The way PUBG controls on Xbox One is going to be the only thing you’ll be hearing about in the next few days, because it’s unlike any other game.
It is no doubt a big challenge to try and adapt PlayerUnknown’s Battlegrounds PC-centric controls to a controller, and I don’t envy developers who spend weeks trying to figure out the best way of doing it.
A game as reliant on keyboard-and-mouse controls as PUBG was always going to feel bad on a controller. But there’s bad and slightly annoying controls, and then there’s insane. Unfortunately, right now, PUBG is firmly in the latter camp.
When Microsoft said that Gears of War 4 developer the Coalition was helping PUBG Corp craft the best controls, I expected better. It’s all part of the company’s so-called “boutique, first-party, white-glove treatment” of PUBG, so to end up with this control setup is a travesty.
If you haven’t played the game yet, here’s the short version: PUBG treats the different things you do in the game, from shooting and driving vehicles to swimming and looting, as separate functions. So each of them gets its own control scheme. The in-game controls page has separate tabs for each function, listing individual button mappings under every page.
The problems start as soon as you hit the ground, and the first thing you’ll notice is that – unlike practically every other shooter in the last ten years – holding the left trigger sends you into third-person aiming. To aim down the sights of a weapon, as you would want to do if you want to hit anything past 50 meters, you have to pull the left trigger quickly. Another trigger pull sends you back.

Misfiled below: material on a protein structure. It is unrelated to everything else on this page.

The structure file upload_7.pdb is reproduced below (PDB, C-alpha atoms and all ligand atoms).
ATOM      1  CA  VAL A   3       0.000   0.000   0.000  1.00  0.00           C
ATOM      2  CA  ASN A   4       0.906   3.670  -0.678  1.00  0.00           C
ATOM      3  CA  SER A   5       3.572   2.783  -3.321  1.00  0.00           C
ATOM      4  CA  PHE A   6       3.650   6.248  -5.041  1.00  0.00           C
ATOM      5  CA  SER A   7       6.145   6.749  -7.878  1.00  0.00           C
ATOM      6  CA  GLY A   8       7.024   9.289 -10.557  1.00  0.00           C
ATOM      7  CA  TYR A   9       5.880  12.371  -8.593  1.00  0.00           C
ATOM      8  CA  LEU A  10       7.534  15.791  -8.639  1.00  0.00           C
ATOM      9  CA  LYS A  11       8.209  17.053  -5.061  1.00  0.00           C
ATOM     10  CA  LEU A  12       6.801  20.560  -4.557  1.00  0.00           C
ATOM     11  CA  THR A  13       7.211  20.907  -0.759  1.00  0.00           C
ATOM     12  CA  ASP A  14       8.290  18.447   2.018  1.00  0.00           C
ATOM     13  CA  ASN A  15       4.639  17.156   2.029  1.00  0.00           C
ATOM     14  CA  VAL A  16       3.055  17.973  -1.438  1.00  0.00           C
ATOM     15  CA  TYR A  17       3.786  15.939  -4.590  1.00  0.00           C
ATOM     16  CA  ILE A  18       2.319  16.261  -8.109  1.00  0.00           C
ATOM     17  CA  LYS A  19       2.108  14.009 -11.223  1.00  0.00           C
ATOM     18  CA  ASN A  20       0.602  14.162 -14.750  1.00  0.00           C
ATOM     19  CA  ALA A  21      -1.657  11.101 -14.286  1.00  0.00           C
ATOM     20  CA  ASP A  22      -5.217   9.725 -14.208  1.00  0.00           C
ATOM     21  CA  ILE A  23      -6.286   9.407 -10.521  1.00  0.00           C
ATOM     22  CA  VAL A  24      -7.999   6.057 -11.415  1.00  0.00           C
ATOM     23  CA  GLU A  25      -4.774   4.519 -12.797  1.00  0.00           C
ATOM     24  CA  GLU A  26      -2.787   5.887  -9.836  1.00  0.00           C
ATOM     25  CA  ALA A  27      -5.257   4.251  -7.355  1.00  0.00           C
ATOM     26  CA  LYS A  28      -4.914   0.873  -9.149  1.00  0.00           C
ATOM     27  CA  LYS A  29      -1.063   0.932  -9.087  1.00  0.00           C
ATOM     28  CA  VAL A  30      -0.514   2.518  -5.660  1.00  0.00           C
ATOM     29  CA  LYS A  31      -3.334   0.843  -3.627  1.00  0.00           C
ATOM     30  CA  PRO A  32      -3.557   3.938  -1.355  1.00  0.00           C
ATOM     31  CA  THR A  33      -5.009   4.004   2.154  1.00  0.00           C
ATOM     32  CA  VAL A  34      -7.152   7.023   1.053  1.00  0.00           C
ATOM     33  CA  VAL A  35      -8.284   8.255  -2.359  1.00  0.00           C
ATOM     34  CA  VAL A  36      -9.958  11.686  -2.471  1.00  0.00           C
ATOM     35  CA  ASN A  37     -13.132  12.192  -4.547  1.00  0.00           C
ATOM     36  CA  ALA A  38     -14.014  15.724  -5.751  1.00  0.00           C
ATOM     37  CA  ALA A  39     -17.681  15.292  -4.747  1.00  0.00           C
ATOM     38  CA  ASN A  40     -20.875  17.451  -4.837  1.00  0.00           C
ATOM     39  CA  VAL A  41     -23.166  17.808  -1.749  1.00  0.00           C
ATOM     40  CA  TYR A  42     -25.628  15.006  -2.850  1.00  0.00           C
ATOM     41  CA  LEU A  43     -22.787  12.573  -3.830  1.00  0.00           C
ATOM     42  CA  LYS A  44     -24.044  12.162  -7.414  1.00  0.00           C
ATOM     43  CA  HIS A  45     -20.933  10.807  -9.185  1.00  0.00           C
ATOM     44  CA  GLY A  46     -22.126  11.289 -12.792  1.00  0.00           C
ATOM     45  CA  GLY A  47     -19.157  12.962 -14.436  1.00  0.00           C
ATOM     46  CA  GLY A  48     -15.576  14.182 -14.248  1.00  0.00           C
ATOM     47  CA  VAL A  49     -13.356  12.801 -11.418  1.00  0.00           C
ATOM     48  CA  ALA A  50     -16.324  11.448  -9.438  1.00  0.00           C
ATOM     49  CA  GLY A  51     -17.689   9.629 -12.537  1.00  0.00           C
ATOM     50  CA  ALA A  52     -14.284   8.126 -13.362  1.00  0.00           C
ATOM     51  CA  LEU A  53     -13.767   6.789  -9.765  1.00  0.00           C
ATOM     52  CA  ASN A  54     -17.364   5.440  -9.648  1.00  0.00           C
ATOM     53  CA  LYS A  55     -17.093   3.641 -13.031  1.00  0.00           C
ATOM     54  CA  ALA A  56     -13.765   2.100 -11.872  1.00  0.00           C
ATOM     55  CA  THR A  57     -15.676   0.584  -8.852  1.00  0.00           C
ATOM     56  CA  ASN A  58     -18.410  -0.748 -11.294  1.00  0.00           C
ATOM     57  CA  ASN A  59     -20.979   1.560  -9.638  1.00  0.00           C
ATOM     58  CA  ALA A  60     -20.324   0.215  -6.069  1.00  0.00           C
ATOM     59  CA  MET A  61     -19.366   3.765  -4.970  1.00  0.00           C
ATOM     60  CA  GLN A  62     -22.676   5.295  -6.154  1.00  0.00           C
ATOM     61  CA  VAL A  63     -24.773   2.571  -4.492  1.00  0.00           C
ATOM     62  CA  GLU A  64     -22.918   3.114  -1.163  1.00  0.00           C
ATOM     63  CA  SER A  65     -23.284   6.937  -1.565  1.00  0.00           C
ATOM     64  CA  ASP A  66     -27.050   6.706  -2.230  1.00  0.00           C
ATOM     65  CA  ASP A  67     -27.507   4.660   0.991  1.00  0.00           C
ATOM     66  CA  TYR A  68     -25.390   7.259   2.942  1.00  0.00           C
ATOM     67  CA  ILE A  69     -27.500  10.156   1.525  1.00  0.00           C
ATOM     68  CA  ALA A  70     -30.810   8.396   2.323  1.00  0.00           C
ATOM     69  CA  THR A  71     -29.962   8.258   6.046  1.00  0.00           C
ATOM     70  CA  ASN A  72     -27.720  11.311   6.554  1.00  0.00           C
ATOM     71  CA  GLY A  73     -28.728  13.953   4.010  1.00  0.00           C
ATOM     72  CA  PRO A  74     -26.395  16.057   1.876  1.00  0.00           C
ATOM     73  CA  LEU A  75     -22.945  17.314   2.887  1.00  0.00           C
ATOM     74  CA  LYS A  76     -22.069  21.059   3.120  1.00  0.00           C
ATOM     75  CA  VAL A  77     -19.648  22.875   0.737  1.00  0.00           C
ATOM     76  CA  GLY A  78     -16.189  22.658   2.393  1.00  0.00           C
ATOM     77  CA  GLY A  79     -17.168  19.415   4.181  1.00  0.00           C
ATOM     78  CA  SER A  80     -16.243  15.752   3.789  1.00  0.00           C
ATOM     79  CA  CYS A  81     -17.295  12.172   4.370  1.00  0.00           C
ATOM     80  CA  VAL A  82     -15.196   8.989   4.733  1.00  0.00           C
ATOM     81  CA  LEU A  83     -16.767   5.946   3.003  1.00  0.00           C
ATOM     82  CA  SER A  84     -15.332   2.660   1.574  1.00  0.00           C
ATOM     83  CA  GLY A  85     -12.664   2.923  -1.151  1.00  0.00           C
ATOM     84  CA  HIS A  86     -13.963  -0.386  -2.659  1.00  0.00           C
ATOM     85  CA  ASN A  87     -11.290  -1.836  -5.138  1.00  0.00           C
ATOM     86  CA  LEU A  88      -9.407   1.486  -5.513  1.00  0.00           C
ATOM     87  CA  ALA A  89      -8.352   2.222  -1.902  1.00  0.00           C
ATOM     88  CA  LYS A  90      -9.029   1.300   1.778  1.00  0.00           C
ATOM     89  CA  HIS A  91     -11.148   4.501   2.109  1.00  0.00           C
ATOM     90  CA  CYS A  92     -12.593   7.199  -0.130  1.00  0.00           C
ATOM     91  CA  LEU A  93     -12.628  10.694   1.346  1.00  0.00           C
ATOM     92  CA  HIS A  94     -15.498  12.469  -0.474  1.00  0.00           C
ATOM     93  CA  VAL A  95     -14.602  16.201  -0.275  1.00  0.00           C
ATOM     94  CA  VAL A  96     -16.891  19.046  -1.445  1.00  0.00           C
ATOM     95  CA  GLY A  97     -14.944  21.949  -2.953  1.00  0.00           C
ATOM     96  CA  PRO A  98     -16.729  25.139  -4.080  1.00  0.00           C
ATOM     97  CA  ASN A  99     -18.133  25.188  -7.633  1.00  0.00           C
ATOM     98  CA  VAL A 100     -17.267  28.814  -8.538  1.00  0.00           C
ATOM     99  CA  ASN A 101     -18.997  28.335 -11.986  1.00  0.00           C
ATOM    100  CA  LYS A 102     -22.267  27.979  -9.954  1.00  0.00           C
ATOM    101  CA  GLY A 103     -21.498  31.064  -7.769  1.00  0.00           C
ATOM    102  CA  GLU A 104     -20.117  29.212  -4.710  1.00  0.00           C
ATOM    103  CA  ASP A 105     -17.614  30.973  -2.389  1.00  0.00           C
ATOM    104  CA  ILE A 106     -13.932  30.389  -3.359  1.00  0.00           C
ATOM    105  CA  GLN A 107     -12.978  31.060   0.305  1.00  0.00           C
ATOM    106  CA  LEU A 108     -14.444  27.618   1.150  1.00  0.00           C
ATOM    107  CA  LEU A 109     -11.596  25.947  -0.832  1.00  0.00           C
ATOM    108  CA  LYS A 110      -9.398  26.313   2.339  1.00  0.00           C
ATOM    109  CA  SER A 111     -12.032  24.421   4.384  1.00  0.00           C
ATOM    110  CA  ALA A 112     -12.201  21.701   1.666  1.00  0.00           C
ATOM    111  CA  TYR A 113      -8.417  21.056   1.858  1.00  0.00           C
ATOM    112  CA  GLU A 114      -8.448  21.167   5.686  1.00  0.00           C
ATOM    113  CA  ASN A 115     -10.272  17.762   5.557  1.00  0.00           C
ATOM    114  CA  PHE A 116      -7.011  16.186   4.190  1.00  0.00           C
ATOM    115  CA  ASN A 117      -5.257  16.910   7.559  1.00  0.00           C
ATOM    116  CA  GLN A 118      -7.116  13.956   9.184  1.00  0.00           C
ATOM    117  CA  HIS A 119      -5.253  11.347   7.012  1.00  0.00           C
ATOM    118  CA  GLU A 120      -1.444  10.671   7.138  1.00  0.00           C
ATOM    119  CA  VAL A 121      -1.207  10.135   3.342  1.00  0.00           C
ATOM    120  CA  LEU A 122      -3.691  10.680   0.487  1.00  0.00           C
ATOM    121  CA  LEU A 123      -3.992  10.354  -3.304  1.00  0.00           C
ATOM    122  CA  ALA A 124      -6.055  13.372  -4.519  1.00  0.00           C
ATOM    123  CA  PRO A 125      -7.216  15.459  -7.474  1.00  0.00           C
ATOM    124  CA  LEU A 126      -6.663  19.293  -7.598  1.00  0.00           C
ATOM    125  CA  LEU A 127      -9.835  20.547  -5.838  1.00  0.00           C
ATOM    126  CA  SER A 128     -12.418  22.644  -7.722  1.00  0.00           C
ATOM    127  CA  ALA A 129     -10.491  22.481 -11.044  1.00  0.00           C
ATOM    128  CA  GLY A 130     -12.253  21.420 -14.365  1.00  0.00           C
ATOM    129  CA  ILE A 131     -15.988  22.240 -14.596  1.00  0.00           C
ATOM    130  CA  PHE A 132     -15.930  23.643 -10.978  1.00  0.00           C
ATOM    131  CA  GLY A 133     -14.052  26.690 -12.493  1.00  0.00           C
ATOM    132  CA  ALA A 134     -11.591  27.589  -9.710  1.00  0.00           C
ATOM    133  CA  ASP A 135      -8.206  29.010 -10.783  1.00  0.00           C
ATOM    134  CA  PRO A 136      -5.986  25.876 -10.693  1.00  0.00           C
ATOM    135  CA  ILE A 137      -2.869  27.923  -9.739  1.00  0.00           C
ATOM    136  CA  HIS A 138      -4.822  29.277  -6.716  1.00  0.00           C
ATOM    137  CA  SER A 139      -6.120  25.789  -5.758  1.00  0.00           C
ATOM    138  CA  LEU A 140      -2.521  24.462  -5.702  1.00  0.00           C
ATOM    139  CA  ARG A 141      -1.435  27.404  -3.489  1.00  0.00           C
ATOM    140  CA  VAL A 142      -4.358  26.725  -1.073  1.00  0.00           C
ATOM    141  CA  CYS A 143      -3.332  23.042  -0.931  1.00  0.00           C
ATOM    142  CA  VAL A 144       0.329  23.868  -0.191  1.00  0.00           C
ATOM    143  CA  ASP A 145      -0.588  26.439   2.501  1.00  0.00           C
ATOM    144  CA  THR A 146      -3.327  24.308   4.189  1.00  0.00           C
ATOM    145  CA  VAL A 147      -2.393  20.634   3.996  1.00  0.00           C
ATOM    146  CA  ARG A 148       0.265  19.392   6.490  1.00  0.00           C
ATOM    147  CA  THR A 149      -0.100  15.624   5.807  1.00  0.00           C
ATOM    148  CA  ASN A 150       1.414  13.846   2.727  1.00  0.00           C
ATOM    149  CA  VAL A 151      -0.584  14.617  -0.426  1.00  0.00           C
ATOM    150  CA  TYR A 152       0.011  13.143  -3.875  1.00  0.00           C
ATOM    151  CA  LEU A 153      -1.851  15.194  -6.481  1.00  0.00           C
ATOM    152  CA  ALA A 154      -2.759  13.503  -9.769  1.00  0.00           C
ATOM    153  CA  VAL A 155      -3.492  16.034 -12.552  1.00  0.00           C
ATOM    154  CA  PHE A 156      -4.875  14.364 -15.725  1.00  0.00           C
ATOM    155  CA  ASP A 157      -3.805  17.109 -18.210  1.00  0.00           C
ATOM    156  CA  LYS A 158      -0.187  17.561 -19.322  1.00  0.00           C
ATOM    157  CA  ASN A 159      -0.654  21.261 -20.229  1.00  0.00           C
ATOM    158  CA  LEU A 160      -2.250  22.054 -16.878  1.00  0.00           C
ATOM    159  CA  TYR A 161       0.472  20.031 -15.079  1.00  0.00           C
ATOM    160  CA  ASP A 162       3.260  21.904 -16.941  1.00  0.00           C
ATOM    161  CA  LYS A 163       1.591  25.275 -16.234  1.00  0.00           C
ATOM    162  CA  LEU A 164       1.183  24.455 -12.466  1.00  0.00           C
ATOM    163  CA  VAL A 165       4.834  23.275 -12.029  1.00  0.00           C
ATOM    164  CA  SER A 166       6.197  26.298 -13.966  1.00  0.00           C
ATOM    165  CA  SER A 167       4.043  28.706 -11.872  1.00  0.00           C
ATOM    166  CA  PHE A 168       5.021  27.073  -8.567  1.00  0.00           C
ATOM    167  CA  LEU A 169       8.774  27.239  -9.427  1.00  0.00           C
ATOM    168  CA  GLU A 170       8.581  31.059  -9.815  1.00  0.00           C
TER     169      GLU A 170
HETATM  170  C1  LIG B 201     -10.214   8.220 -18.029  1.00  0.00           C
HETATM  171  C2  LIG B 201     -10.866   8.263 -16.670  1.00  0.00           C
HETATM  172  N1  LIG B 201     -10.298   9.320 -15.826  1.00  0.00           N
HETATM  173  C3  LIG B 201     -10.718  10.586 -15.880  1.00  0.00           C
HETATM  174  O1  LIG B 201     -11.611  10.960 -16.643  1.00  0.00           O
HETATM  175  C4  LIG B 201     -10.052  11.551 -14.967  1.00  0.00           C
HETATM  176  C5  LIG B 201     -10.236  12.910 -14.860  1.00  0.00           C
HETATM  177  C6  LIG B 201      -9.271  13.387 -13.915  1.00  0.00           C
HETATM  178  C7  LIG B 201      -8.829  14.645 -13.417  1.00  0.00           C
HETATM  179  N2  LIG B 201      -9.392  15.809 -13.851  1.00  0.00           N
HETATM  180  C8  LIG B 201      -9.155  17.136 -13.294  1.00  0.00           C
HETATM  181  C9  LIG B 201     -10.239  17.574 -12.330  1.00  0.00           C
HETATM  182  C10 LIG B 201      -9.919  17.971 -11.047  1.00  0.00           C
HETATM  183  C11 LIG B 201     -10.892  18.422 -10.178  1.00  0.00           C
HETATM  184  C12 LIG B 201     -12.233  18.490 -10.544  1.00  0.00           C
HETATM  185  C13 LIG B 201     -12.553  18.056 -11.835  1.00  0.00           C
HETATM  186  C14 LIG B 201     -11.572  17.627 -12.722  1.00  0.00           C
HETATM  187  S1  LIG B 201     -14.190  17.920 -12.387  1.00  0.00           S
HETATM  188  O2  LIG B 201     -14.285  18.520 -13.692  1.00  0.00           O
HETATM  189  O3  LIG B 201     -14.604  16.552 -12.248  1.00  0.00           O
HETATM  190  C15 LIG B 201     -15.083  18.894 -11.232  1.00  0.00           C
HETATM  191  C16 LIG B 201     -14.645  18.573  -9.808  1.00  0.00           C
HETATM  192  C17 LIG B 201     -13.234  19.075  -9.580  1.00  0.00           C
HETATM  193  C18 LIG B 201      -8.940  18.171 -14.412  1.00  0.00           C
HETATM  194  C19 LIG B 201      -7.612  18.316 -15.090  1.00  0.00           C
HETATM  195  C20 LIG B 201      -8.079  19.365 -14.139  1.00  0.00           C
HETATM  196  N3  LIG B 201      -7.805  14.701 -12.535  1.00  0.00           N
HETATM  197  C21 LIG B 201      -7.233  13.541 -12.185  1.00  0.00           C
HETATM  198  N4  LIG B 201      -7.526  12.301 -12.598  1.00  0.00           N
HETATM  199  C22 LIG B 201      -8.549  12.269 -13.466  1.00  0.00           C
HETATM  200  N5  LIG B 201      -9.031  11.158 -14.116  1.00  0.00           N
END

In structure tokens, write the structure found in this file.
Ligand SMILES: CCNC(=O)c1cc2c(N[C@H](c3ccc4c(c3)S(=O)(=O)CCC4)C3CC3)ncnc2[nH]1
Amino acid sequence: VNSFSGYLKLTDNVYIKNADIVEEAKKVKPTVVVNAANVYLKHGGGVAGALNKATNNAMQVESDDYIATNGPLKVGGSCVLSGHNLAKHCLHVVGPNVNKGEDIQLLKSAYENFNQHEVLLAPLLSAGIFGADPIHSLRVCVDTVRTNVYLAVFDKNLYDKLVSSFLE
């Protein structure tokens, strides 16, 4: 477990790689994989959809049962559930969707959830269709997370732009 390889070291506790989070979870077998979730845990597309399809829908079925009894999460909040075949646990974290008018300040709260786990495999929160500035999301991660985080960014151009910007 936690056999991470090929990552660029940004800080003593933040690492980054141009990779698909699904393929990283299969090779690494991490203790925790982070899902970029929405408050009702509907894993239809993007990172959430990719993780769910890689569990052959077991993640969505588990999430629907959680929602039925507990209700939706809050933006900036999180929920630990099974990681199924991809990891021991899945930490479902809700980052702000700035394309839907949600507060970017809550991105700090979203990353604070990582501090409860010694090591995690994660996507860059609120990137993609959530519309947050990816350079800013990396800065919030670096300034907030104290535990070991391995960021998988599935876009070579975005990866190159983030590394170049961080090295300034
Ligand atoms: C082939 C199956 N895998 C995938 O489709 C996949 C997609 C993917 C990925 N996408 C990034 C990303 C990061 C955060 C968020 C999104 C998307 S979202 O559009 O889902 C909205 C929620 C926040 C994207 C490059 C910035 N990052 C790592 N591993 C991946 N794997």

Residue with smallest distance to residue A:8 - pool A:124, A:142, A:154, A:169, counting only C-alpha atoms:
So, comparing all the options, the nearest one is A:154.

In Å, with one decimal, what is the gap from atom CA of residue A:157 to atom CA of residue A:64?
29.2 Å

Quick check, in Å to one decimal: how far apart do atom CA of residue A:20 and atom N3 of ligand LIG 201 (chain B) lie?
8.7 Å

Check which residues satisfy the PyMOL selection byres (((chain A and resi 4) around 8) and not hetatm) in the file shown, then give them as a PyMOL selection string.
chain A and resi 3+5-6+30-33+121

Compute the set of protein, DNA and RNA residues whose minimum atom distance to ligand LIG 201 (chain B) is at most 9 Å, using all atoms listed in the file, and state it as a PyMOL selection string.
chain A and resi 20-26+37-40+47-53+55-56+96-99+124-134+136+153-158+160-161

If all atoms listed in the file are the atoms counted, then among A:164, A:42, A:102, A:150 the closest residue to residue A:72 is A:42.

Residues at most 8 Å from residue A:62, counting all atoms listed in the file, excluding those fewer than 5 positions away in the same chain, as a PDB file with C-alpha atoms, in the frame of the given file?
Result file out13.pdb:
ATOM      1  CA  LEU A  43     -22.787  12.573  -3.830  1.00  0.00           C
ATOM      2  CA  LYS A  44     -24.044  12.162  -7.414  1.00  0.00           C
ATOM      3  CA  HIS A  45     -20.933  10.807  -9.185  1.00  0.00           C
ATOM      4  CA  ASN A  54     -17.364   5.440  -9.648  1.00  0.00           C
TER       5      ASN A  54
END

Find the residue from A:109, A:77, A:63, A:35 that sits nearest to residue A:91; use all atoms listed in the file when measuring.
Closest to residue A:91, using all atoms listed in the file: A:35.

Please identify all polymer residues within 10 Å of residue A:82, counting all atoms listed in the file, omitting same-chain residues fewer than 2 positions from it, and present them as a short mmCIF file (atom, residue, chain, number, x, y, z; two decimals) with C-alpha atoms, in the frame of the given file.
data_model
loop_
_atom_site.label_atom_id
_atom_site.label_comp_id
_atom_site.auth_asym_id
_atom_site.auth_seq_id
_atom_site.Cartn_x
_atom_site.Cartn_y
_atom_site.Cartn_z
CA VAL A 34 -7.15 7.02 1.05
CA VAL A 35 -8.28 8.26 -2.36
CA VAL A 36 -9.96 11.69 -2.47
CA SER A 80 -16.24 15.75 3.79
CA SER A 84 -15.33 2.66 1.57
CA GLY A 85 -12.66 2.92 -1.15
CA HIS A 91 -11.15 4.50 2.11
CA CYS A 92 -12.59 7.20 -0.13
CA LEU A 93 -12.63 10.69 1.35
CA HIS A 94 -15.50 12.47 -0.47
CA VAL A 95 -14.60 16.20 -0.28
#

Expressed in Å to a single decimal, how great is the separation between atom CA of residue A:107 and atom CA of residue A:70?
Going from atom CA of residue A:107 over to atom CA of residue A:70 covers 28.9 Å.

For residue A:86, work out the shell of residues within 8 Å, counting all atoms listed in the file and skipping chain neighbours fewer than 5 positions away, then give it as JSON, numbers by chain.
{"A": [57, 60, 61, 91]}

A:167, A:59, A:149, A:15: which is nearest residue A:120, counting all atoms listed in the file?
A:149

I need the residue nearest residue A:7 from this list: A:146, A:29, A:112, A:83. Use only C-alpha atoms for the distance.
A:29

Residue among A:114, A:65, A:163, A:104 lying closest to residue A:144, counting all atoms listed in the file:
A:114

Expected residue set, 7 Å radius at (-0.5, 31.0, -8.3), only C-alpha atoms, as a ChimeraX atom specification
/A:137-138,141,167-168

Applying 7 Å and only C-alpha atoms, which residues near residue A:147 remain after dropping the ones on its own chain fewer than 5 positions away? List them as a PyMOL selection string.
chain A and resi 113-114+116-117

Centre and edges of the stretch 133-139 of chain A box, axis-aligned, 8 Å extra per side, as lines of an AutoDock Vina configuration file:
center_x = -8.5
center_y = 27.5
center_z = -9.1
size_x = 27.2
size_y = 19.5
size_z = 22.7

Even if you ignore how incongruous this setup is with what we’ve been using in shooters for years, you can’t get around how clumsy it is. In the handful of rounds I played, PUBG went into third-person aiming for a split-second before going into proper ADS, because, as you might imagine, pulling the trigger also means you sometimes hold it for a fraction of a second before letting go.
The trick is to not go all the way, which is already more thinking than you’d want to do with something as simple as aiming. Even though I knew this quirk going in, my muscle memory always defaulted to holding the trigger before realising that it was the wrong move. I am not asking all shooters to conform to an arbitrary control setup popularised by CoD 4. On the other hand, that scheme is popular for a reason.
The bigger issue is that the replacement system is terrible, so why throw away something that works in favour of a shaky solution? This could be solved in one of two ways. First, PUBG Corp can simply reverse the two functions, so that holding the left trigger brings up iron sights – as expected – while pulling it is what triggers third-person aiming.
This ensures that no matter how softly you press the trigger, it will always go into ADS. To use the other, unpopular aiming mode, you’d have to do the uncommon motion, not the other way around. A better solution would be to adopt a similar approach to Ghost Recon: Wildlands. In Wildlands, holding the left trigger always remembers your last used setting.